“They say,” May said at one in the morning, “that she’s a remarkably fine chess player.”
“Perhaps that’s the case,” Charlotte said, thinking of the intense eyes of the duke. “But she’s making a fool of herself to play with Villiers.”
May laughed. “Then you must be settling into old age indeed, sister. Even I can see that Villiers is a man to savor.” She looked slightly startled, as if such a word could not have come from her lips.
“The duchess’s young ward, Lady Roberta, seems entirely acceptable,” Charlotte said, changing the subject.
“Yes, a naïve little slip of a girl, isn’t she?”
Suddenly Charlotte realized that May was gazing at her hand. And there, crammed over her glove, was a signet ring.
It seemed that she would now be the only old maid in the Tatlock family. She snapped out of her momentary bleakness, embraced her sister and said all the proper things. In the flurry of congratulations, the docile young ward of the Duchess of Beaumont was quite forgotten.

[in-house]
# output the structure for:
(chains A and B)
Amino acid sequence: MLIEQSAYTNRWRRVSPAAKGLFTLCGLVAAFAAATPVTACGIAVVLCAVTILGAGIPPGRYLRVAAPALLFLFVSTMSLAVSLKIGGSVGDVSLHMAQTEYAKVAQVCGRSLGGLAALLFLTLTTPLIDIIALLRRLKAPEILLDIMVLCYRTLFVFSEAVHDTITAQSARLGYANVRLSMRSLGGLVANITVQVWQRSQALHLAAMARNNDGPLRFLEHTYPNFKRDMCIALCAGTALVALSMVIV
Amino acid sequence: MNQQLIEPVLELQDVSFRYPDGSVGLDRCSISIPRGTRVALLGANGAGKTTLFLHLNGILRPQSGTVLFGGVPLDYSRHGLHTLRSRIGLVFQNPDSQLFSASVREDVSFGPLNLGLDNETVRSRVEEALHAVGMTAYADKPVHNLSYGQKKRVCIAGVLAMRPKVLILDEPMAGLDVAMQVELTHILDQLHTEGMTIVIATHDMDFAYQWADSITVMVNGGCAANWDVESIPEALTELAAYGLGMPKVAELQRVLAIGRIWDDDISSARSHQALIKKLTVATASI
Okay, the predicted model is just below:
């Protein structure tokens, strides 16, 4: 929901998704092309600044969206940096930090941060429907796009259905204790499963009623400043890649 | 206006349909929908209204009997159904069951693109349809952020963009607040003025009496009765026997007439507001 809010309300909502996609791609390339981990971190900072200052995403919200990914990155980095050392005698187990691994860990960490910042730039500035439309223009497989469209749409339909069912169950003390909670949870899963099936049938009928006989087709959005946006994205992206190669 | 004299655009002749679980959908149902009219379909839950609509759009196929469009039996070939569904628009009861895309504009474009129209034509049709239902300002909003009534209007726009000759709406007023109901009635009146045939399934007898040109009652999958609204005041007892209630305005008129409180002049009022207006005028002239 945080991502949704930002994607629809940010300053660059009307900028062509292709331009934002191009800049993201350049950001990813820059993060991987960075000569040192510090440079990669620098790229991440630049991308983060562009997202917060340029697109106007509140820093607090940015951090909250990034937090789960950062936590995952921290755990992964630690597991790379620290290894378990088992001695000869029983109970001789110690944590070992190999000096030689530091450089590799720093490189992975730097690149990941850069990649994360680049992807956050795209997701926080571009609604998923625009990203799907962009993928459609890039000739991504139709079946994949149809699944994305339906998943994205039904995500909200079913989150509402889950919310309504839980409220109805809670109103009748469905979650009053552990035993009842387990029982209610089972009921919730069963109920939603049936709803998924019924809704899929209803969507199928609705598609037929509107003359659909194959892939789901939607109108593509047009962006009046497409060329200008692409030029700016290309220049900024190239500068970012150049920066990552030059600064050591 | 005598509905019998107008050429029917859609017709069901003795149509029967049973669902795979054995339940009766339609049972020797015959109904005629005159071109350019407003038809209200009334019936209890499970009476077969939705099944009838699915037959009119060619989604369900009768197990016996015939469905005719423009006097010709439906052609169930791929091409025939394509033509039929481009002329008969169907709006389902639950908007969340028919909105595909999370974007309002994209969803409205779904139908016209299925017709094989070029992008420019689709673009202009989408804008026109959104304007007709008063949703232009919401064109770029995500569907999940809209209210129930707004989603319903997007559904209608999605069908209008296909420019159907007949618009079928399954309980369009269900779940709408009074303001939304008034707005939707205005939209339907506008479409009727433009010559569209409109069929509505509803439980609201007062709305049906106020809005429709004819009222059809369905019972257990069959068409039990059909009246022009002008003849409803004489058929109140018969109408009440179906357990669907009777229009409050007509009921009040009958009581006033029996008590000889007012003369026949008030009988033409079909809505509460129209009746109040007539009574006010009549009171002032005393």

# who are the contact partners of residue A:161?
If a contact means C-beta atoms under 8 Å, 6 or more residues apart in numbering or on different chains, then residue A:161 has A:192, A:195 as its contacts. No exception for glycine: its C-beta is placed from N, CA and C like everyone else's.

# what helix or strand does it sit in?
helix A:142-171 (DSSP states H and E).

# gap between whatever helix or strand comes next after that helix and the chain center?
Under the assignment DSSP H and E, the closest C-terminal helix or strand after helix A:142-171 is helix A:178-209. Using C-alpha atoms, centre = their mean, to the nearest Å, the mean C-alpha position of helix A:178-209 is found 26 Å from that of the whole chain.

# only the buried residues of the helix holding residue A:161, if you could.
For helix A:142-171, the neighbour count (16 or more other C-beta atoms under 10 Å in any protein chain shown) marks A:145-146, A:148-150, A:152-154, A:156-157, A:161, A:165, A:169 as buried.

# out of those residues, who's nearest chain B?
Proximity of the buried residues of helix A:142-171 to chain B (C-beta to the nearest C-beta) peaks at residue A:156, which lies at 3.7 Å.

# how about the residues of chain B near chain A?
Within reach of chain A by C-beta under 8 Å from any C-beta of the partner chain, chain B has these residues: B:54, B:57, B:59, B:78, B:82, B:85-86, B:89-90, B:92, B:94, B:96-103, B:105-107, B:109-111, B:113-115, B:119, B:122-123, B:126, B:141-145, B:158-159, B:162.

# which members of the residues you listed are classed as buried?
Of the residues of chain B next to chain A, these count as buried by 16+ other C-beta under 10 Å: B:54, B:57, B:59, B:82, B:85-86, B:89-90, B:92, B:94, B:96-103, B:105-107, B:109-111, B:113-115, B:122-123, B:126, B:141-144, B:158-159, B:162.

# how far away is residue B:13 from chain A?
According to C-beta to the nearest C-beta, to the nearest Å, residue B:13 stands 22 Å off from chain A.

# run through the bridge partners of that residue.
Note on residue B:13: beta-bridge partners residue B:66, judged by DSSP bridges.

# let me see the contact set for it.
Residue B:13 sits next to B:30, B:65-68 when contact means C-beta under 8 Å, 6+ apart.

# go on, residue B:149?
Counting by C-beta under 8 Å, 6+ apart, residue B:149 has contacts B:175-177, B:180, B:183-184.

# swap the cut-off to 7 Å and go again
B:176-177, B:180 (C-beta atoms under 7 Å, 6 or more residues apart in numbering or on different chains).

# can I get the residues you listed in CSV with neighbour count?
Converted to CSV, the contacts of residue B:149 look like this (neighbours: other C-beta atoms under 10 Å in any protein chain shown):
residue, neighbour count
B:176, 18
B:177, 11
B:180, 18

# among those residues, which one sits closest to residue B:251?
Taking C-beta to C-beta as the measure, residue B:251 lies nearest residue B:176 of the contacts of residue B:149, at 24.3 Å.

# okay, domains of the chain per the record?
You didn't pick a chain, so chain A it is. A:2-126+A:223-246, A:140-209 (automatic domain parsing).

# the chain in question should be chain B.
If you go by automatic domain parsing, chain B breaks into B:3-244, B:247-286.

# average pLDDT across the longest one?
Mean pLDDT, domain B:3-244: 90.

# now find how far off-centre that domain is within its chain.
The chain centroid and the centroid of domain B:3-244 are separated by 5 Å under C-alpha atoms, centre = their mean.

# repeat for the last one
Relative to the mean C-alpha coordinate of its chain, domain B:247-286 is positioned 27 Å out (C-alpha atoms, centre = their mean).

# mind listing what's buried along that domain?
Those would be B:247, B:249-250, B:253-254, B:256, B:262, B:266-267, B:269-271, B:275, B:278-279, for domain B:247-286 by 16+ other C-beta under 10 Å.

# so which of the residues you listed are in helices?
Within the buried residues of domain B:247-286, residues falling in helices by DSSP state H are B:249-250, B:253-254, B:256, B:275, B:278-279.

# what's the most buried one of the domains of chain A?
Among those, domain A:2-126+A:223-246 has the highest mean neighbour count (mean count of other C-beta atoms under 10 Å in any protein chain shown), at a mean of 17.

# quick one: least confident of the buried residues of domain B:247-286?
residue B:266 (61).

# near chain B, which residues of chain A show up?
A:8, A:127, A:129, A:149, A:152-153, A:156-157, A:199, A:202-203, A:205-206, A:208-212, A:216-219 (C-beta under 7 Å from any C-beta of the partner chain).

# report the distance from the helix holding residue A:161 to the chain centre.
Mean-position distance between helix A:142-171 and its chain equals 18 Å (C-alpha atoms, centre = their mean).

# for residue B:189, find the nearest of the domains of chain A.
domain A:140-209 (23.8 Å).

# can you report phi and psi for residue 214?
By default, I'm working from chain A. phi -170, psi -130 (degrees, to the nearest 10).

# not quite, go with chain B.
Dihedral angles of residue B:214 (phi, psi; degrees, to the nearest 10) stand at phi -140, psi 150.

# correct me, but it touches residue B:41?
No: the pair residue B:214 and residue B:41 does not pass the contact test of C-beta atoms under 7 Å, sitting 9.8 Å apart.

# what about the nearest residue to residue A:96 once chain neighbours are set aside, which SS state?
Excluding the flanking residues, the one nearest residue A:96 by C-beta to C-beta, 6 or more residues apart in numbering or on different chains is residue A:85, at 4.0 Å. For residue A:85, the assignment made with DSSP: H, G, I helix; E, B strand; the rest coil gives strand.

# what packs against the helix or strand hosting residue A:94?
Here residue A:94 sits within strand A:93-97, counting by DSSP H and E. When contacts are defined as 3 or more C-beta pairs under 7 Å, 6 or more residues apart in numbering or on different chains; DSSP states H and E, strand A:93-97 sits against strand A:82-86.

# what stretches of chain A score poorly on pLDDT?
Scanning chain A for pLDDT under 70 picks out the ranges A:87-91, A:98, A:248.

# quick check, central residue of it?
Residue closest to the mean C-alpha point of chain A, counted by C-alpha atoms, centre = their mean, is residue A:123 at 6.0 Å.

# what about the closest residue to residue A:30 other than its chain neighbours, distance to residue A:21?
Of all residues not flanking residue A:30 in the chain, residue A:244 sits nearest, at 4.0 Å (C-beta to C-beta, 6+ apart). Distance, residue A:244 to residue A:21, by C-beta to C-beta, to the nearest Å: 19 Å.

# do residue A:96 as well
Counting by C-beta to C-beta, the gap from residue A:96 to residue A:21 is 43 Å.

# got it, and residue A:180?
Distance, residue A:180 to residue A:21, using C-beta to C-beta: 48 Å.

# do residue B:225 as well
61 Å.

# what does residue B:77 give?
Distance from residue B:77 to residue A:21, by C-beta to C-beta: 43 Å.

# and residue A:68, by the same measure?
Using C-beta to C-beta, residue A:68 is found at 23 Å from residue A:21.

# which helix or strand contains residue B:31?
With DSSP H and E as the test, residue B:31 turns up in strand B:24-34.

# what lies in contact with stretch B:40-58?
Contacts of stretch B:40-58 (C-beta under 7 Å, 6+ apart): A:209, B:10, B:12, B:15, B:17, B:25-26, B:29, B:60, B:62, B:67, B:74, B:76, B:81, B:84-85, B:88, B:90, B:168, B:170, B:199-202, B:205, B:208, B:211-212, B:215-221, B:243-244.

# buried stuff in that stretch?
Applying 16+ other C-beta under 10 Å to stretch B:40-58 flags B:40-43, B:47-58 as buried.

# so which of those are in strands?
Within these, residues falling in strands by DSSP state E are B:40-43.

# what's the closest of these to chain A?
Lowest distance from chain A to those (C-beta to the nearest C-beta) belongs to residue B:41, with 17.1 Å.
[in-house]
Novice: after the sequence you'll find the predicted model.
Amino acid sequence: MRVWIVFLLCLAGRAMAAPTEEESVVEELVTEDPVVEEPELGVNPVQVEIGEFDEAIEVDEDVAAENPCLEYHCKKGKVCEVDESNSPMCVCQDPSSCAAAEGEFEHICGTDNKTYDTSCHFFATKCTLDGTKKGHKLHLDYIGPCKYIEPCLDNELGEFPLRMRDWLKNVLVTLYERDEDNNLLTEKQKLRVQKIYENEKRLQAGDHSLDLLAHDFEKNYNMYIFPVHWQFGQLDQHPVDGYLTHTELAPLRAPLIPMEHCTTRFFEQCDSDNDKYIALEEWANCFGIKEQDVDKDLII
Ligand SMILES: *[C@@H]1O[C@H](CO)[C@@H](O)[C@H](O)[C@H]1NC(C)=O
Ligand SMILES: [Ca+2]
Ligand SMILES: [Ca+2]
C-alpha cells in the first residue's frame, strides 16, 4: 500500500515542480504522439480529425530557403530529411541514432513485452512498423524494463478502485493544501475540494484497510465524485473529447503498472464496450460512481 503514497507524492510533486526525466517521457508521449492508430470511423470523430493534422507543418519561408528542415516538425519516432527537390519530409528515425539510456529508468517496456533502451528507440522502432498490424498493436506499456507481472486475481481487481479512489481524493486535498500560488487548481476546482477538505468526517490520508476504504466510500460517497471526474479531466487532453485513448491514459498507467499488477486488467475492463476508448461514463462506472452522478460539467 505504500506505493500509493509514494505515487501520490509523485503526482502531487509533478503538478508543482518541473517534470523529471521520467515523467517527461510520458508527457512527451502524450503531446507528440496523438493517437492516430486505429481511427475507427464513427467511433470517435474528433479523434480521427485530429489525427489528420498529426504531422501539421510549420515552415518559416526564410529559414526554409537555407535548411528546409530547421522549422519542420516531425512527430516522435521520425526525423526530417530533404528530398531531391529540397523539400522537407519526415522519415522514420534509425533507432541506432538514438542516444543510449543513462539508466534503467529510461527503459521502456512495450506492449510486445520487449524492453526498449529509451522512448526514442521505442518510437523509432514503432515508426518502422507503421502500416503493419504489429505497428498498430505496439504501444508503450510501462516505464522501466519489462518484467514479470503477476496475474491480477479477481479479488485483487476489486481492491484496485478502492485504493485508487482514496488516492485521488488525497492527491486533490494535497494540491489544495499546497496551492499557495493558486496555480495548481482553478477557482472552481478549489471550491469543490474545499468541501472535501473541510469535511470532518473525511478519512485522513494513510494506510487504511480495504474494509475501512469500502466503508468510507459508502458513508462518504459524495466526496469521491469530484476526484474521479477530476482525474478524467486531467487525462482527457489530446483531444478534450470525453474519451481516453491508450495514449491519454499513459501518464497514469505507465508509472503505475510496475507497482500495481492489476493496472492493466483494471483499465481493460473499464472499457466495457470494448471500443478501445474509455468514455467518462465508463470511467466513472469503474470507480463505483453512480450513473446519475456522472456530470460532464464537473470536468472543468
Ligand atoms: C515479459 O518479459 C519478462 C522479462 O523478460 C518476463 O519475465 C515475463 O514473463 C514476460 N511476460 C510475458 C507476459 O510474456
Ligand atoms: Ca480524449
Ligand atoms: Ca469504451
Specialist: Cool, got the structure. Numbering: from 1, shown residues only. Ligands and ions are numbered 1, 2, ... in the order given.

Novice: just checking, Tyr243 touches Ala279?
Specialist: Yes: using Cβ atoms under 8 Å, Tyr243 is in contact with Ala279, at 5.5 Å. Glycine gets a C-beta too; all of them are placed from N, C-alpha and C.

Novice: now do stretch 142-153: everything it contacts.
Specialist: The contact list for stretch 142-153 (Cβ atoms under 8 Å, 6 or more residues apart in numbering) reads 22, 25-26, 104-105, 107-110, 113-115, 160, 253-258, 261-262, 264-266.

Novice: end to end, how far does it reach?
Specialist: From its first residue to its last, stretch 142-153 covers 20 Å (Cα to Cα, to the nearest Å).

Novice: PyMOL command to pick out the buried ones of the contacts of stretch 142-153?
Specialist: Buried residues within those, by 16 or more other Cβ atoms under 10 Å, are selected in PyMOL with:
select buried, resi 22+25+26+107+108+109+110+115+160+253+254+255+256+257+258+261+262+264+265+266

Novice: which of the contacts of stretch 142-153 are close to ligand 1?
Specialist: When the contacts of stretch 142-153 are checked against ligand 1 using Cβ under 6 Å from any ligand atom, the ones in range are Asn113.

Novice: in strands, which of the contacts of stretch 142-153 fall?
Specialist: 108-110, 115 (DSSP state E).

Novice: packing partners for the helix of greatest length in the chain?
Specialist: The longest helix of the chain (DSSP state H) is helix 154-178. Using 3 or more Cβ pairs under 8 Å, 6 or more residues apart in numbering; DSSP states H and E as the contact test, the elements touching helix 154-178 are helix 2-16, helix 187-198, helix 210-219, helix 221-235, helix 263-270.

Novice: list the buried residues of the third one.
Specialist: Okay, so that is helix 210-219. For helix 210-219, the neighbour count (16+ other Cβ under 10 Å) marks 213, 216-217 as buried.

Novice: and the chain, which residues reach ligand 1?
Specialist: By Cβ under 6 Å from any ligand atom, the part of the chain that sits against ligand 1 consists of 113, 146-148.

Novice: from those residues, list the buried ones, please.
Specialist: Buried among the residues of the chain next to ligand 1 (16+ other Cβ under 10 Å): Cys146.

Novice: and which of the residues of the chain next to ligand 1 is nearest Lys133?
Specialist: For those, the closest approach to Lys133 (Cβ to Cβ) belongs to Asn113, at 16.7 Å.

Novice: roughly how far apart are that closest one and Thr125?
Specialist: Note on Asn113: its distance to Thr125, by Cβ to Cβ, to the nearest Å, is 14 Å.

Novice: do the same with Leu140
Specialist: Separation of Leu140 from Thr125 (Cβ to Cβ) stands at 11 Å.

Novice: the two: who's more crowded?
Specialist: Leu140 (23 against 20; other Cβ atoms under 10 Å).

In truth, Roberta had been forgotten by most of the players of this comedy. She obediently circled the ballroom throughout the night, moving from one gentleman’s arms to another. At first she danced like a feather, and later she began weaving a bit because her toes hurt.
She retreated to the ladies’ retiring room because Jemma’s exquisite French slippers caused blisters, not because she had no one to dance with.
A whole flock of girls were there, chattering like magpies. Their voices died when she walked in.
But then a girl with a sweet, plump face stood up and smiled. “I’m Margery Rowlandson; we met earlier this evening.”
“Good evening,” Roberta said, and curtsied.
Margery introduced her to everyone, and soon she was a part of the giggling group. One girl who couldn’t be more than sixteen was expecting an offer on the morrow; another had danced twice with a young courtier.